Back to Metroland's Home Page!
 Classifieds
   View Classified Ads
   Place a Classified Ad
 Personals
   Online Personals
   Place A Print Ad
 Columns & Opinions
   The Simple Life
   Comment
   Looking Up
   Reckonings
   Opinion
   Myth America
   Letters
   Rapp On This
 News & Features
   Newsfront
   Features
   What a Week
   Loose Ends
 Lifestyle
   This Week's Review
   The Dining Guide
   Leftovers
   Scenery
   Tech Life
 Cinema & Video
   Weekly Reviews
   The Movie Schedule
 Music
   Listen Here
   Live
   Recordings
   Noteworthy
 Arts
   Theater
   Dance
   Art
   Classical
   Books
   Art Murmur
 Calendar
   Night & Day
   Event Listings
 AccuWeather
 About Metroland
   Where We Are
   Who We Are
   What We Do
   Work For Us
   Place An Ad
And other assorted goods: Gastank Guy’s robot faces found a home on Etsy.

Crafting a Unique Marketplace

Recycling, imagination, and interconnectedness help drive an underground community of artists

By Chet Hardin

Craftspeople are a funny breed. They spend their nights ripping apart piles of ’80s T-shirts, reenvisioning the remnants as dresses and scarves. They take glee in silk-screening images of Holly Golightly onto baby bibs and gluing pop-art illustrations of “famous Jews” onto the lids of little metal containers. Any object, no matter how banal or practical, can become the canvas or element-of-design to the vaguely bored, creative masses. Restless tinkerers and daydreamers—it is good to have them around. They help the rest of us stay honest in our disposable, mass-marketed culture.

Its even better to have these crafty types online, at one tidy Web site, where the vaguely bored, PayPal-enabled are able to peruse the trinkets and unique fashions from the comfort of their own couches.

Etsy.com is just such a site, a perennial favorite for in-the-know treasure hunters.

The Etsy experience is simple and recognizable to anyone who has ever ventured near a keyboard and mouse. Users must register to shop or sell their wares. After registering, shopping is a breeze: search, like, click.

Setting up a store is almost as easy: Come up with a memorable name, upload a photo and a clever description of yourself, and that’s it. You are set. You can market as many items as you want, with multiple images and a description for each item. The Etsy tools keep track of every item you’ve listed, your customers’ comments and ratings, and provide a nifty shopping cart. For this service, the Etsy crew take a 3.5-percent cut from your sales, plus a 20-cent service fee for every item—comparable to what credit-card companies demand for their service at regular brick-and-mortar retailers.

The dominating rule at Etsy is that everything must be homemade. Homemade from raw material, modified from vintage goods, or drab sundries spruced up beyond ubiquity.

A cheap, white ceramic plate? Blah. An old-fashioned restaurant plate touched up by Foldedpigs with the image of a human brain and the romantic claim “I love you more than zombies love brains” printed underneath? Delicious. That rubber trash can in the corner of your kitchen? Yawn. The same trash can with a slinky ’50s pin-up girl peering up from the lid? High-class. A brown corduroy jacket goes from “boring professor” to “dashing hipster” when the print of an giraffe lumbers onto its back. Babies go from “defenseless droolers” to “kick-ass bawlers” when a print of Bruce Lee is slapped on their onesies.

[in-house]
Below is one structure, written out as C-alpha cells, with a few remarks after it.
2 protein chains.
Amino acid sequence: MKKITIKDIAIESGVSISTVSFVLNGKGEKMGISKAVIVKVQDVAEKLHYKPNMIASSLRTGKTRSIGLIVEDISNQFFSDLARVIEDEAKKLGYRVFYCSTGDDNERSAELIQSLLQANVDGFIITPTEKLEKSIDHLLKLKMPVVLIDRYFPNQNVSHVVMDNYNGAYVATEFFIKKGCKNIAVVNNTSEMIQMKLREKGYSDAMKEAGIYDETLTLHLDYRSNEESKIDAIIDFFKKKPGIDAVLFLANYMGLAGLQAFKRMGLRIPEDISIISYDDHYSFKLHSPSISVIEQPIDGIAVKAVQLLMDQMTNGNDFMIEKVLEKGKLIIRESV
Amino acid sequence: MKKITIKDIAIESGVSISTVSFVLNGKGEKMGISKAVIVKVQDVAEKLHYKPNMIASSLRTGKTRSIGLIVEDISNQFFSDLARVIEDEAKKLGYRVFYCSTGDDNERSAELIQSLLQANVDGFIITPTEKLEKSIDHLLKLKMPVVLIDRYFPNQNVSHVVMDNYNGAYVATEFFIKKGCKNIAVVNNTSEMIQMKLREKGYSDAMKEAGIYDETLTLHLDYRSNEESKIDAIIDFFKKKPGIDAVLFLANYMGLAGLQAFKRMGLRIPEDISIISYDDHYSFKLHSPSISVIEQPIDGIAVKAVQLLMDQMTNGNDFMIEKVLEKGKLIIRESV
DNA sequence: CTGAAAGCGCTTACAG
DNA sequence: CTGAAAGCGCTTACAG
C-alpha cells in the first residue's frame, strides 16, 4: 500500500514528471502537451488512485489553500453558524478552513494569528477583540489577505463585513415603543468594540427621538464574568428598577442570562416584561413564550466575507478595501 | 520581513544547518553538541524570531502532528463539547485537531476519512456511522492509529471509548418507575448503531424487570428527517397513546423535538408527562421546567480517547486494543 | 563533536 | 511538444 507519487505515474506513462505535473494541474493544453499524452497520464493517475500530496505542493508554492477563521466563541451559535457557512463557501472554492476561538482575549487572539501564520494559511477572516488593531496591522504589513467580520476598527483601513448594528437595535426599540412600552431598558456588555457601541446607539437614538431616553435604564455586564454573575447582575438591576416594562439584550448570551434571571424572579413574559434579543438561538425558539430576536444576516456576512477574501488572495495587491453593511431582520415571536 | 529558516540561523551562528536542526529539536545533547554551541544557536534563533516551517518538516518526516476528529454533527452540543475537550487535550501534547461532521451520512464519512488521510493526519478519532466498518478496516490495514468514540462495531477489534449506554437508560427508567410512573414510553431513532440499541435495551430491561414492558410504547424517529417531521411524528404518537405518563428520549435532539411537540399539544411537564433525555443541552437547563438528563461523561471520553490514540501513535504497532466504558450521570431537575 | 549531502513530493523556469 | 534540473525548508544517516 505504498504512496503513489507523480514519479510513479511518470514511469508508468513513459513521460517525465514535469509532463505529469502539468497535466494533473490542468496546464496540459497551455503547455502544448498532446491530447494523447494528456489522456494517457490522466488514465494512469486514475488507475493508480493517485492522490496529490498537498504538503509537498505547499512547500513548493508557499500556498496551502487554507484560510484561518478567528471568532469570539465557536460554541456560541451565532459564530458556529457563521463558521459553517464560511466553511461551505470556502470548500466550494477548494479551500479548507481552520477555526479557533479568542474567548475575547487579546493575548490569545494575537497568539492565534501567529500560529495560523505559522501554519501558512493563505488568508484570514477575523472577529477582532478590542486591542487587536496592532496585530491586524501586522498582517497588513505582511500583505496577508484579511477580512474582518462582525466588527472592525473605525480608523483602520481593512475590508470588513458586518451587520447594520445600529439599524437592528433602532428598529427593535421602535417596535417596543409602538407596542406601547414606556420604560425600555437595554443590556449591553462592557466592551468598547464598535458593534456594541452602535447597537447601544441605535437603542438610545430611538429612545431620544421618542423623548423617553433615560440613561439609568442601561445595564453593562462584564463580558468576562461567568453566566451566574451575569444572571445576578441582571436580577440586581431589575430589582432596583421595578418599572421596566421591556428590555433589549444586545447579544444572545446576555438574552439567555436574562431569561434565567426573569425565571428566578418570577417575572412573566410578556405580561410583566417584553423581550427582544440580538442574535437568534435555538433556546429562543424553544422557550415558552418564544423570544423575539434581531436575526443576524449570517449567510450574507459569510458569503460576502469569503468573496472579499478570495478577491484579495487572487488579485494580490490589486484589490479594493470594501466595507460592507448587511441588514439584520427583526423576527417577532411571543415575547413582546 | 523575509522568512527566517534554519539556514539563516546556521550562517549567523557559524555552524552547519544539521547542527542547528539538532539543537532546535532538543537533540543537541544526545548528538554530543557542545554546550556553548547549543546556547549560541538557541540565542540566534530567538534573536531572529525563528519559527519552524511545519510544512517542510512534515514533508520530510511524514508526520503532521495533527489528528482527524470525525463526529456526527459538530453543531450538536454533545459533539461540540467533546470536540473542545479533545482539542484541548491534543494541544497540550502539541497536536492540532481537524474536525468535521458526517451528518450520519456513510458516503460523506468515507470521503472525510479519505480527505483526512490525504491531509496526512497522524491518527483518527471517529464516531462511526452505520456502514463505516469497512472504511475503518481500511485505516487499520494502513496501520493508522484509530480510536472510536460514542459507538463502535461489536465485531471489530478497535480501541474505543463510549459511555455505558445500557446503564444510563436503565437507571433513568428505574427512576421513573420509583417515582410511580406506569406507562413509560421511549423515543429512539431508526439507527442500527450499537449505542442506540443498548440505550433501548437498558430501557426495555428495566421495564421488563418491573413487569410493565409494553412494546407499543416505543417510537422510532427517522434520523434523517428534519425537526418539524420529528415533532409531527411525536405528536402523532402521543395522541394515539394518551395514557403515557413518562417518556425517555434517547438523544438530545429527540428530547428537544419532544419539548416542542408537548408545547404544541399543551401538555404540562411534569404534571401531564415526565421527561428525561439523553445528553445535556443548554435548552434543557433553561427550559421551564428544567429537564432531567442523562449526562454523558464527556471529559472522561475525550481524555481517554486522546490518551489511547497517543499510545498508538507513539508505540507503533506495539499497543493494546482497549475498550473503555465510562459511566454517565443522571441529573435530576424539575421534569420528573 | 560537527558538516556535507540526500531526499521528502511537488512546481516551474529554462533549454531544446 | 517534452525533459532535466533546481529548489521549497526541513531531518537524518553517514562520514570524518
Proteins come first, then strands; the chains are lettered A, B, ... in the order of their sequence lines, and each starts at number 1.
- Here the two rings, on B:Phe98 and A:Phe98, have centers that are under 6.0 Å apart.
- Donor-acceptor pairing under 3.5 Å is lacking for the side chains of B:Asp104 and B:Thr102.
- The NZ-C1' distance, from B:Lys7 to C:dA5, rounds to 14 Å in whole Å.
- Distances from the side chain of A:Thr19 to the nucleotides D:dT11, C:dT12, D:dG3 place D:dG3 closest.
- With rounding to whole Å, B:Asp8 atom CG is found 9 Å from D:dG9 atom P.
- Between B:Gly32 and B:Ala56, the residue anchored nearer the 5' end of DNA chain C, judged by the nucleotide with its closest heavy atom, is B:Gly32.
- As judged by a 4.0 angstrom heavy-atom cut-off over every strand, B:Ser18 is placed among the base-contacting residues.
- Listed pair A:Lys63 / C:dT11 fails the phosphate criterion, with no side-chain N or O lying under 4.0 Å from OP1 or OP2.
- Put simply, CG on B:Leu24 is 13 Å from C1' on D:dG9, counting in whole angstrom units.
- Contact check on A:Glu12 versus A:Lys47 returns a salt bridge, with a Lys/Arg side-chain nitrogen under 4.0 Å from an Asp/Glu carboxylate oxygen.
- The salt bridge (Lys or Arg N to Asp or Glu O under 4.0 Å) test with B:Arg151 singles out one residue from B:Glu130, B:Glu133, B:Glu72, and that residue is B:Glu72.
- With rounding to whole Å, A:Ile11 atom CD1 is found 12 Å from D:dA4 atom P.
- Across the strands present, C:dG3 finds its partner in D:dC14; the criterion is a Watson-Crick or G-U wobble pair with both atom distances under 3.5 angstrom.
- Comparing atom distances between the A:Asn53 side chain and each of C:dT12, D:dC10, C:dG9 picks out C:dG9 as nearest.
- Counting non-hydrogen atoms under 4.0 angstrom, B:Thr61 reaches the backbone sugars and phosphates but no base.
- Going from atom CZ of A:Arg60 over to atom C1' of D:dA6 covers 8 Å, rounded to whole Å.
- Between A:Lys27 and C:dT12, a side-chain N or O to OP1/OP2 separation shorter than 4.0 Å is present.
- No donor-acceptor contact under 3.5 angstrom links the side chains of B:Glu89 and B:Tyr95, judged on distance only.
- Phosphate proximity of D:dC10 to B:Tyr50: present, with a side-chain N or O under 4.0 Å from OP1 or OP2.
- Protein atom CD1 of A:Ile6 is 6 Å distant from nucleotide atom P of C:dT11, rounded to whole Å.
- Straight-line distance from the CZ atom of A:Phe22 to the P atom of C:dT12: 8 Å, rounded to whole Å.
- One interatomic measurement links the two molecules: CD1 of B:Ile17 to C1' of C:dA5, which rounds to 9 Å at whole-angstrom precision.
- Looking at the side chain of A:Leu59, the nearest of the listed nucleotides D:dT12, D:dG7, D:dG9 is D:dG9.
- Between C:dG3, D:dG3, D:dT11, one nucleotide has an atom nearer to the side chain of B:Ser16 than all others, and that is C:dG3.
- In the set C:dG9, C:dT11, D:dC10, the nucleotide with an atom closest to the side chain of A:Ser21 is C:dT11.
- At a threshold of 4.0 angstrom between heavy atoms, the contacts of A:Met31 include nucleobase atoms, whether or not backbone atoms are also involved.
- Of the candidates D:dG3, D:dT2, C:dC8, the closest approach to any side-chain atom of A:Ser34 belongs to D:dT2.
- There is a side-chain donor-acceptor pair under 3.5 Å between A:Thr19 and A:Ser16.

You get the idea.

But not everything at Etsy is kitchen wares and clothing. For as many practical items there are at the Web site, there are completely ridiculous bits and pieces, too.

No one needs an assortment of old motorcycle gas tanks painted and modified to look like the heads of salty robots. But Gastank Guy will be happy to sell you a couple. No one needs a functioning iPod encasement fashioned out of an old Game Boy, or the vile Dr. Wangenstein, a 3-inch-tall “Mad Scientist Extraordinaire Needle Felted Sculpture” with towering yellow tufts of hair dashing up from the sides of his bright-pink face. But Dr. Wangenstein needs you to want him, and at Etsy dozens of people from around the world have already peeped him in the day or so that he has been up for sale. And that iPod carrier sold after 200 people got to gawk at its inventiveness.

Since the first item sold on Etsy (a computer homemade by the company’s cofounder, Rob Kalin) in 2005, the site has built around itself a spend-happy, loyal following of eccentrics. This year, the registered users at Etsy topped 200,000, with a quarter of those users, 42,000, maintaining their own stores. A staff of 18 fulltime coders, designers, and business types, keep the site running.

The company’s founders said that they started Etsy to “fix world commerce.” Kalin sums up his two-year-old site’s appeal: “It’s so darn pretty and subversive.”

Pretty, yes, of course. The site’s design is spare and attractive, and highly navigable, leaving as center pieces “monkey muffin plushies” and demonic squid pillows. Etsy is pretty because most of what the sellers are pushing is pretty darn cute.

But subversive, too, because what Etsy has done is given a group of like-minded dreamers the opportunity to come together and buck mainstream corporate trends with their own reenvisioned marketplace. At its core, Etsy is a subversive action because subverting the status quo means dreaming up what you want, and then finding the means to create it. For yourself.


Send A Letter to Our Editor
Back Home
   

 

 
 
Copyright © 2002 Lou Communications, Inc., 419 Madison Ave., Albany, NY 12210. All rights reserved.